Inside Manufacturers


X-Force Debuts in U.S.

STOCKHOLM, SWEDEN — X-Force's line of fitness equipment designed for negative-accentuated training made its U.S. debut in March at the IHRSA 2009 conference in San Francisco. The strength training machines feature a weight stack that tilts to 45 degrees when an individual initiates a positive stroke. When the exerciser shifts to a negative movement, the weight stack automatically tilts back to the vertical. The Swedish company said this negative-accentuated approach creates greater muscle stimulation for added strength, since the weight load increases in the negative phase.

E-mail Program Launched

CORNELIUS, NC — Retention Management launched a new prospect e-mail program as part of its member communication service. An expansion of its automated e-mail services, the program provides clubs with the tools to increase sales traffic, according to the company. The program includes an easy-to-use Web interface to create text or HTML prospecting e-mails. It also includes follow-up with guest traffic, lead lists and former members. In addition, e-mails sent through Retention Management's certified systems are designed to get past spam filters.

ClubCount Takes Off

AUCKLAND, NEW ZEALAND — In March, Les Mills International introduced its new ClubCount software at IHRSA 2009 in San Francisco. The Web-based program allows club operators to track group fitness class attendance in real time and gauge participation levels over time. It also lets operators see which instructors and classes are the most popular, a feature that can help guide programming decisions.

Three Million Fitness Balls Recalled

WASHINGTON, DC — The U.S. Consumer Product Safety Commission, in cooperation with EB Brands, Yonkers, NY, announced last month a voluntary recall of 3 million fitness balls sold under the Bally Total Fitness, Everlast, Valeo and Body Fit brands. When overinflated, the fitness balls can unexpectedly burst while in use, causing the user to fall. EB Brands has received 47 reports of fitness balls bursting, including reports of a fracture and multiple bruises.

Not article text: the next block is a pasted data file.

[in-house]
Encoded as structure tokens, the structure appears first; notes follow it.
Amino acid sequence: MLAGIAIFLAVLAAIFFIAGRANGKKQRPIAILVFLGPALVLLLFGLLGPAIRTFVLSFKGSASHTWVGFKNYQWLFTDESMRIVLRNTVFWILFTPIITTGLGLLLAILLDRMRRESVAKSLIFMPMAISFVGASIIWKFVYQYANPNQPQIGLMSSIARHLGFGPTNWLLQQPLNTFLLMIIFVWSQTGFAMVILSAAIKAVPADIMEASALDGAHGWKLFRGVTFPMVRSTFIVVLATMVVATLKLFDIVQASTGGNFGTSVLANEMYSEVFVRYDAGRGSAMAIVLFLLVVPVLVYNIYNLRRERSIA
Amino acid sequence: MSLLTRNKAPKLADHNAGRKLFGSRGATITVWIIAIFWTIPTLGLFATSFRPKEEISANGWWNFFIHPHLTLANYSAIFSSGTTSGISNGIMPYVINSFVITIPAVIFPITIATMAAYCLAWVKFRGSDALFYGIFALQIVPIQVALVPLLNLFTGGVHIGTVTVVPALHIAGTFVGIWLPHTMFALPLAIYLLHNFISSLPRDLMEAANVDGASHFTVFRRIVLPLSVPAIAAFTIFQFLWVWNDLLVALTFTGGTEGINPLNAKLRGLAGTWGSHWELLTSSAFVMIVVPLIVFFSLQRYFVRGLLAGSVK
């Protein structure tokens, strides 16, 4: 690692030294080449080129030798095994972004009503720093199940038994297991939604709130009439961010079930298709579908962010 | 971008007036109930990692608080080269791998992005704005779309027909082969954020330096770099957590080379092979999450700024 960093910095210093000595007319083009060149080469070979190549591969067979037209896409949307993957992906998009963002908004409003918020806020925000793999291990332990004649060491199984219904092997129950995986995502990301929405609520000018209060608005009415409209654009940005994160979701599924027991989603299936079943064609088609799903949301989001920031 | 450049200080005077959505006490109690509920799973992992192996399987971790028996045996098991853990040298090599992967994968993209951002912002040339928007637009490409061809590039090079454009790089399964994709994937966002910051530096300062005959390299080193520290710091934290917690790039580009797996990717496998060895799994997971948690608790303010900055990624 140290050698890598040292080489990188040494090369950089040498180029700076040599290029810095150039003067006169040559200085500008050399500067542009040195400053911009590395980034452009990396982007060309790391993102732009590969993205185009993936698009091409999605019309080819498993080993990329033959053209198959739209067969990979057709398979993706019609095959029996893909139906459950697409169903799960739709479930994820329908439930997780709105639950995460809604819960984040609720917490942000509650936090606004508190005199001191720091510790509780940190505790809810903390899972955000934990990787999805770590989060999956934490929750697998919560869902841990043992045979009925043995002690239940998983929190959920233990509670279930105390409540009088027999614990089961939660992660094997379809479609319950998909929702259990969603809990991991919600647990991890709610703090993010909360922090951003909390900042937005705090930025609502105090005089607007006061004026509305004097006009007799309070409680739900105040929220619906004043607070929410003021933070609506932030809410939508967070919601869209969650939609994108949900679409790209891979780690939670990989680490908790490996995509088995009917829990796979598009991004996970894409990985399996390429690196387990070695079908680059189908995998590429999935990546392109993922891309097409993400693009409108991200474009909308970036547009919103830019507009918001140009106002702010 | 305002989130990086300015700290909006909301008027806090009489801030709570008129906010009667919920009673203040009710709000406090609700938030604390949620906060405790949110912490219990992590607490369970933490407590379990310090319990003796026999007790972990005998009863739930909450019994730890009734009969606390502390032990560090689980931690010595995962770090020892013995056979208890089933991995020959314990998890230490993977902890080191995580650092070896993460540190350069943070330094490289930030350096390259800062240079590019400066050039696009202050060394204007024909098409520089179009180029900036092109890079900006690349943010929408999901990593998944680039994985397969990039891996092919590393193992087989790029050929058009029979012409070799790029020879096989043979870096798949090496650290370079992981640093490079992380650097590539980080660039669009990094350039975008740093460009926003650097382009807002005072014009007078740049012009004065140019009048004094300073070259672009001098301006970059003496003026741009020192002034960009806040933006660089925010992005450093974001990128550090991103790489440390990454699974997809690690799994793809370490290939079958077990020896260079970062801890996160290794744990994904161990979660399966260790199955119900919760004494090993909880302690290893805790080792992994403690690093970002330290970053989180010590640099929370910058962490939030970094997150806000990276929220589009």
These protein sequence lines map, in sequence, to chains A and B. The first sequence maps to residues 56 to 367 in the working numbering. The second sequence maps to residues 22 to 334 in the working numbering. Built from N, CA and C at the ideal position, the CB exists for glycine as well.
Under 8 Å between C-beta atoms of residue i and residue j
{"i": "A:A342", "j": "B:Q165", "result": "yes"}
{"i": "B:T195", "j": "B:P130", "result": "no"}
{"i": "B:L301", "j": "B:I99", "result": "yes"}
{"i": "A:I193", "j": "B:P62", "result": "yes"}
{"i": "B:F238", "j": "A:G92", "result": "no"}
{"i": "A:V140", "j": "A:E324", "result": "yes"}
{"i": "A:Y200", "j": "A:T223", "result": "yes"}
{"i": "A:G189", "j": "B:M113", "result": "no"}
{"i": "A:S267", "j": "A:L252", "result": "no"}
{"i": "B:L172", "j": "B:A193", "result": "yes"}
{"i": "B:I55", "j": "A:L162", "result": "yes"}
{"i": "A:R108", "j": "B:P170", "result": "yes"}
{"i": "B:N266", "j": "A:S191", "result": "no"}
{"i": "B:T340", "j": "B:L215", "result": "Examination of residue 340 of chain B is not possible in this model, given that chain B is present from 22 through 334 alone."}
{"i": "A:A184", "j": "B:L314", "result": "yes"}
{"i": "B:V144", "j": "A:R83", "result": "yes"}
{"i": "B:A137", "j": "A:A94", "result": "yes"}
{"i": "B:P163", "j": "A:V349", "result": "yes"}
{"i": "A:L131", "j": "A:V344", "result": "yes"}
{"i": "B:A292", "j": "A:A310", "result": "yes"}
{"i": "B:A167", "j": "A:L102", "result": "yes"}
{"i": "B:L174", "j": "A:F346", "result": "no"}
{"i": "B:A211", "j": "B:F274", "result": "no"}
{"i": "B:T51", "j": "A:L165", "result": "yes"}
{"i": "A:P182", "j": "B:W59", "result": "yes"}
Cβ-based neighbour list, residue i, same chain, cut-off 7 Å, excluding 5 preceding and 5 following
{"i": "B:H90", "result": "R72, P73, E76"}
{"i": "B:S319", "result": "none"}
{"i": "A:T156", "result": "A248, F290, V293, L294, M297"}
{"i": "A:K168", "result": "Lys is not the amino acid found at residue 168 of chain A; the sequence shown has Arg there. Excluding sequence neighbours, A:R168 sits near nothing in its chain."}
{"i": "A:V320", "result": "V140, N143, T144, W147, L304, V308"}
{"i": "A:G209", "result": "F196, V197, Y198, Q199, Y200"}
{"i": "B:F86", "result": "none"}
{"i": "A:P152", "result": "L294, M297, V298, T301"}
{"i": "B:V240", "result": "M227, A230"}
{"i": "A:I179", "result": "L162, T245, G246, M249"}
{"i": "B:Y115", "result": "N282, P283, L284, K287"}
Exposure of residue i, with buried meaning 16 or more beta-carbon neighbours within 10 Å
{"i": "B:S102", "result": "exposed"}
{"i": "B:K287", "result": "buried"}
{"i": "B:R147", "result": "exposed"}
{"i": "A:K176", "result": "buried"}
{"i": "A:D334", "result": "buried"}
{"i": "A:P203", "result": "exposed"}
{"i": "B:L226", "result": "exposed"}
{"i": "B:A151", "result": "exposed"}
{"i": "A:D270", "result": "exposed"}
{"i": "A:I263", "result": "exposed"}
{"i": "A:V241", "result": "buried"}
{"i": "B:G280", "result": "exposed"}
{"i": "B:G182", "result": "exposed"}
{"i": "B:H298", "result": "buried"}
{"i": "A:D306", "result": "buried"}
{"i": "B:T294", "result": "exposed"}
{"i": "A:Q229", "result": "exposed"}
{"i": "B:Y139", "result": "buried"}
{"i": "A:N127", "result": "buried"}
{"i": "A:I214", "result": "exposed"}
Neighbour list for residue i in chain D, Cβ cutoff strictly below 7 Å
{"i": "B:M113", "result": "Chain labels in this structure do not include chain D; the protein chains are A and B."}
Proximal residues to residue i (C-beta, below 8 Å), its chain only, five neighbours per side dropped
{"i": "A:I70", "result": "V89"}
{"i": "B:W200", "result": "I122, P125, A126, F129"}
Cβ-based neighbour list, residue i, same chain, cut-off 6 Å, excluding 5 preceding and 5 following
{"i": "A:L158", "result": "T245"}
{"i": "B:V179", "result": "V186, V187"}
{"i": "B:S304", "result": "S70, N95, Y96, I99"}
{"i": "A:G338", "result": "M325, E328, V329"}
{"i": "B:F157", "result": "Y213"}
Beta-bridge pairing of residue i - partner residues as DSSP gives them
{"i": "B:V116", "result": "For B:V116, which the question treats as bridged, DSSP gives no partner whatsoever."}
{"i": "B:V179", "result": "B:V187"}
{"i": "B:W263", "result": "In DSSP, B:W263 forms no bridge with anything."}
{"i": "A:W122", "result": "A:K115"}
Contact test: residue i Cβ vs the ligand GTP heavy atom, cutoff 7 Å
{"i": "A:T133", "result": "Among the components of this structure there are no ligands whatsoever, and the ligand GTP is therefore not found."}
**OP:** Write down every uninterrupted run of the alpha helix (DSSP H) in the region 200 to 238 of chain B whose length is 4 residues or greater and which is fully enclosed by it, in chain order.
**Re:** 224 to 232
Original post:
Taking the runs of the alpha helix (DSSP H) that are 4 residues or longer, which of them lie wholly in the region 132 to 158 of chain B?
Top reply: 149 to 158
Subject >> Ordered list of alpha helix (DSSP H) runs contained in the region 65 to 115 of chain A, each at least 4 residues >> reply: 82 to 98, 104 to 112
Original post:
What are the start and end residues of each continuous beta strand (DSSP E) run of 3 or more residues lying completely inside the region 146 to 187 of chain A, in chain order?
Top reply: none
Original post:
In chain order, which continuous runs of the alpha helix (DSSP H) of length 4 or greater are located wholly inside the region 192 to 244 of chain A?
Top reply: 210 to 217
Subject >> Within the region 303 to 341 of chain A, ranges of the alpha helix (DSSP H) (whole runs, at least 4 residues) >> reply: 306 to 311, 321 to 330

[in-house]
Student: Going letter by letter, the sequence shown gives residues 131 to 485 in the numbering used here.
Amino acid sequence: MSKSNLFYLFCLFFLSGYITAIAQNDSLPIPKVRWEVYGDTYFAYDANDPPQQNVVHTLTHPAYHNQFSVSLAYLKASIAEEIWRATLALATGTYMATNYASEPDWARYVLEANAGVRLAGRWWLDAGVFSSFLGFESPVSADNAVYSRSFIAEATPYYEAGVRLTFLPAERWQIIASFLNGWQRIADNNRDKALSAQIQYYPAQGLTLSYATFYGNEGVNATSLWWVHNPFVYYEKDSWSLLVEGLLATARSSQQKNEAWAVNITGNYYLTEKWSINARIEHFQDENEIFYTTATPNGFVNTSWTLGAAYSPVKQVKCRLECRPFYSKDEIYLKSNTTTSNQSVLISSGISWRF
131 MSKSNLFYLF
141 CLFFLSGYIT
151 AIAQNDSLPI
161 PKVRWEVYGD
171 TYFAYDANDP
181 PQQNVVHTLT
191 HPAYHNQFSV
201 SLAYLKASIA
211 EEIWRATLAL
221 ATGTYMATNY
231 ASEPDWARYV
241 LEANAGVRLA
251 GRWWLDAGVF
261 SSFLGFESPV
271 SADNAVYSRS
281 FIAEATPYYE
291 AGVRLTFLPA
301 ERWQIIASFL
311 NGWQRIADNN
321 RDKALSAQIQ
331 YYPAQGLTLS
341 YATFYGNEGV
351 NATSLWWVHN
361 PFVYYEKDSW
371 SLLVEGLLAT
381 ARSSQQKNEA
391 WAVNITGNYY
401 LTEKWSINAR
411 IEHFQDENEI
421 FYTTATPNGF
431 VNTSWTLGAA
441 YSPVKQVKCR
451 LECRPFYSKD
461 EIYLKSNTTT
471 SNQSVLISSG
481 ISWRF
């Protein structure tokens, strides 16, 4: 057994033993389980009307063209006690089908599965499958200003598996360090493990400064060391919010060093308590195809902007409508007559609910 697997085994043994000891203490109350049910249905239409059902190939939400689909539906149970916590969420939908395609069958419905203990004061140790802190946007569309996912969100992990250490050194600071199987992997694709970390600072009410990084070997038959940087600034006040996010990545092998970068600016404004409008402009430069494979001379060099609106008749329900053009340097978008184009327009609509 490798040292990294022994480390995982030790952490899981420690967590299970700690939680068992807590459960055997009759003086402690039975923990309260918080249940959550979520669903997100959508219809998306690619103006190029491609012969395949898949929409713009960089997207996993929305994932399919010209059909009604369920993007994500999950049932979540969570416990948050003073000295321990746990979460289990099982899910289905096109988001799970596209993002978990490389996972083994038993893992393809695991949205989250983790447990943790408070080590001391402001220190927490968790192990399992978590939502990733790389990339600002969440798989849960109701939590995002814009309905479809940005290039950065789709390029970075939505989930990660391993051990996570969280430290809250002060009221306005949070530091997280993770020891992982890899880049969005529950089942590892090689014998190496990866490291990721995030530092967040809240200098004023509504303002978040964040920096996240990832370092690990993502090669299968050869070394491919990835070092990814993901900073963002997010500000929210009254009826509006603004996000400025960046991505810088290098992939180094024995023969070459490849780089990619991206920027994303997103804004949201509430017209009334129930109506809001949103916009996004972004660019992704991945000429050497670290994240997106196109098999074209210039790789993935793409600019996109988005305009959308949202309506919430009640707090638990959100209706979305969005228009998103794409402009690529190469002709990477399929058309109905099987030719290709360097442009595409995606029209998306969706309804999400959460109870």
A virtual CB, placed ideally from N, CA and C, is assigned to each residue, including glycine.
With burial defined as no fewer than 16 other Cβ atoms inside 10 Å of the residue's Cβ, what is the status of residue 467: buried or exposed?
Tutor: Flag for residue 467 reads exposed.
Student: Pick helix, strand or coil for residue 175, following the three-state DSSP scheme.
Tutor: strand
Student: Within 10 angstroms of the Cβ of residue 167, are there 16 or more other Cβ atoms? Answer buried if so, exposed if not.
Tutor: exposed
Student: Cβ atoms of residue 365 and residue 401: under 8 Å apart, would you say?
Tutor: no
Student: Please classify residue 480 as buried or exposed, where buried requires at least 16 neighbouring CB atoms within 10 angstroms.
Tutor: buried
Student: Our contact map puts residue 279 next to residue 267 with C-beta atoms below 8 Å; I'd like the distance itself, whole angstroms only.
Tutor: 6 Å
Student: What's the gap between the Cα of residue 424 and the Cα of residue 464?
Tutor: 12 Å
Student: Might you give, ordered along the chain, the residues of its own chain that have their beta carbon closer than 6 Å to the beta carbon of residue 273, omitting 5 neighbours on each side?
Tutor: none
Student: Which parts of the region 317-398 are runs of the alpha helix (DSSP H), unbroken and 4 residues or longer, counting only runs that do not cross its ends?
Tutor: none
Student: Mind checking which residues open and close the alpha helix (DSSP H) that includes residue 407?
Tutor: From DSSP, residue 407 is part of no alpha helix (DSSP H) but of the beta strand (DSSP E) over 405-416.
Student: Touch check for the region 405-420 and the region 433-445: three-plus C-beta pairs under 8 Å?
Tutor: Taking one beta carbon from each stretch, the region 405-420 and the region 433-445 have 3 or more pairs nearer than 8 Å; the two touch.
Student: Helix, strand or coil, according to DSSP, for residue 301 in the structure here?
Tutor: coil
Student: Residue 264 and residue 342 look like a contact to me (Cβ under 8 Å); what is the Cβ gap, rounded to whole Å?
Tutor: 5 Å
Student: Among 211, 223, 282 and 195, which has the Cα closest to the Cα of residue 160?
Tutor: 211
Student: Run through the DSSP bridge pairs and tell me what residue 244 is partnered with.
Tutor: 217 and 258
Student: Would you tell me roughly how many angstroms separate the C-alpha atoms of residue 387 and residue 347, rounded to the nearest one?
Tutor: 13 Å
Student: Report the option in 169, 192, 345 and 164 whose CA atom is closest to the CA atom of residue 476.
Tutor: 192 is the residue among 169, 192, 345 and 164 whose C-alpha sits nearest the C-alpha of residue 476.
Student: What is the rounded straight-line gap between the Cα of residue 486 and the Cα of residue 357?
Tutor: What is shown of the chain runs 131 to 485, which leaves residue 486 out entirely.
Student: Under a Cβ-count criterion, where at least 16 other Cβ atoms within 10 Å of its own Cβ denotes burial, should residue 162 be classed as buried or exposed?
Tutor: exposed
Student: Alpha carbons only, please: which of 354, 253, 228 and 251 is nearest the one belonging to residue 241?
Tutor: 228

The recall involves rubber fitness balls sold in 55-, 65- and 75-centimeter diameter sizes in various colors and with a pump and inflation instructions. Advertised as “burst-resistant,” the fitness balls were sold in department stores and by fitness retailers nationwide from May 2000 to February 2009 for between $15 and $30.

Consumers should call EB Brands at (800) 624-5671 or visit the company's Web site for more information.

Spin Fitness Acquires Bodyblade

VENICE, CA — SPIN Fitness (Mad Dogg Athletics, Inc.) now has the exclusive distribution rights for the Bodyblade core strengthening tool product line. Combined with the online retail presence, distribution relationship with Star Trac and global reputation in the fitness industry, SPIN Fitness will expose the Bodyblade system to millions of new users, company officials said. SPIN Fitness said it plans to roll-out new products and education to enhance the experience for the nearly one million people that already use the Bodyblade.

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Club Industry has included links to articles that fitness industry suppliers have posted on their websites to help guide you through these trying time